Three years ago, Deborah Sullivan moved from Atlanta to Greenville to care for her ailing mother. She had been a hair stylist for more than 40 years, with a popular and successful salon in Atlanta that she sold before the move. When she got to Greenville, she found a space to open a salon, but it turned out that opening for business in South Carolina wasn’t so simple. Although she was a licensed beautician in three states, South Carolina required her to get more schooling to be licensed here. So she decided to make a change.
She already had the space, so why not use it for something else? “My mother always loved holding yard sales, so I just decided to bring the yard sale inside,” she says, and she opened a consignment store, Consign Werks.
Within a year, her 1400-square foot store was bursting at the seams. “It was at the point where I had to either move or go out of business,” Deborah says. She found out about the IDA program at CommunityWorks and used that to enable her to move to a larger space across the street, where the store is currently located at 1440 Laurens Rd.
It’s a much larger space—about 5,000 square feet on two levels—but in the year and a half since she moved into the new building, only half of the space, the upper level, has been utilized. When she ran out of money to renovate the lower level, she returned to CommunityWorks for a small business loan.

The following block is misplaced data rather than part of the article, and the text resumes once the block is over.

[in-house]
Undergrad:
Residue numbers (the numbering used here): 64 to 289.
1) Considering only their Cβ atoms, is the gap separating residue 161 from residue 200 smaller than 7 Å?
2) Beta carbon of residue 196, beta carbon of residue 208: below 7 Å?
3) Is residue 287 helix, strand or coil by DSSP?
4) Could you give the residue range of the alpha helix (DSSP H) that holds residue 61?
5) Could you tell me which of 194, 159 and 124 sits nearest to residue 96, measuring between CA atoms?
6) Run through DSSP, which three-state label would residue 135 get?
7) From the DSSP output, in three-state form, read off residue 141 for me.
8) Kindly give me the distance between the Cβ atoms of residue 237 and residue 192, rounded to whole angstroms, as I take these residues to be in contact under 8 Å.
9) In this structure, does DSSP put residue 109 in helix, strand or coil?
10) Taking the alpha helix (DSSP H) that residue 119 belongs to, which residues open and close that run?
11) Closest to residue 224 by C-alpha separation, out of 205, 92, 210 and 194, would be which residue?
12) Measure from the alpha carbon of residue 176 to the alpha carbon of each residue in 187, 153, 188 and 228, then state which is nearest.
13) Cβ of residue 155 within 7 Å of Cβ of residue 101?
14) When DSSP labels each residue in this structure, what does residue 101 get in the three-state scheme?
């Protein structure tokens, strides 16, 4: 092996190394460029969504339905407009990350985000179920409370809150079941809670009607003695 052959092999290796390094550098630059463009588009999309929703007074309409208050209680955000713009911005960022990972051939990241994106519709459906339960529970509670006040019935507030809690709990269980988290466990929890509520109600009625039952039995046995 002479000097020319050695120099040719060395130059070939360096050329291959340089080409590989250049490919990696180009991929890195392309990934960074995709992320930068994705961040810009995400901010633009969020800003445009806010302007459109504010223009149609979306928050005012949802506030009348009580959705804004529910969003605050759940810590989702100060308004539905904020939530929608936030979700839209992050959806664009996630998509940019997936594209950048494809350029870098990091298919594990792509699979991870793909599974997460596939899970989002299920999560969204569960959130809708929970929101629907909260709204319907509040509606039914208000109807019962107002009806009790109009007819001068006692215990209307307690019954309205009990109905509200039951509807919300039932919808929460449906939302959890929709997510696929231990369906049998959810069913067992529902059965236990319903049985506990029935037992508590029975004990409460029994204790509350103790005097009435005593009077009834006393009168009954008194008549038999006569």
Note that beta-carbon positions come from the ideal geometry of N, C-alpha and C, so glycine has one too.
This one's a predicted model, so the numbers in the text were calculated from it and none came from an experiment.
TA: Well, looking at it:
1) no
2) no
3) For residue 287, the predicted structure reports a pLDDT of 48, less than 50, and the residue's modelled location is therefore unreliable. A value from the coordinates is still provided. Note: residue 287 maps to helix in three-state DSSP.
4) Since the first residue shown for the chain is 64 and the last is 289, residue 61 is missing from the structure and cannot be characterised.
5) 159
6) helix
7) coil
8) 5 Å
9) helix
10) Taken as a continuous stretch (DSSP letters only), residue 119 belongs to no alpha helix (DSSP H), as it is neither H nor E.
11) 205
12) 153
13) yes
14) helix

“I’ve been blessed to be able to have some savings that kept us afloat because I was hanging on by my fingernails, but now we’re stable and on to the next phase.”
Once the lower level is finished, Deborah hopes to use it for customized vendor space, where her consigners could have a dedicated area for their items. She also plans to use it for furniture painting classes, which are already offered once a month—but there is more room downstairs.
While the shop is purely a consignment shop (aside from the classes), if items don’t sell, sellers have the option of taking them back or donating them. This has allowed Deborah to carry out a philanthropic mission in addition to maintaining her business. By partnering with the Department of Social Services through the SC JUMMP Program, Consign Werks assists women in times of crisis by donating appropriate clothing for women to wear to job interviews.
It’s a business, yes, but Deborah says, “I like to think that we’re helping community members to streamline and downsize.” And if someone can give new life to an item that’s not needed by its previous owner, it keeps things out of the landfill. “It’s really about ‘reduce, reuse, recycle,’” she says.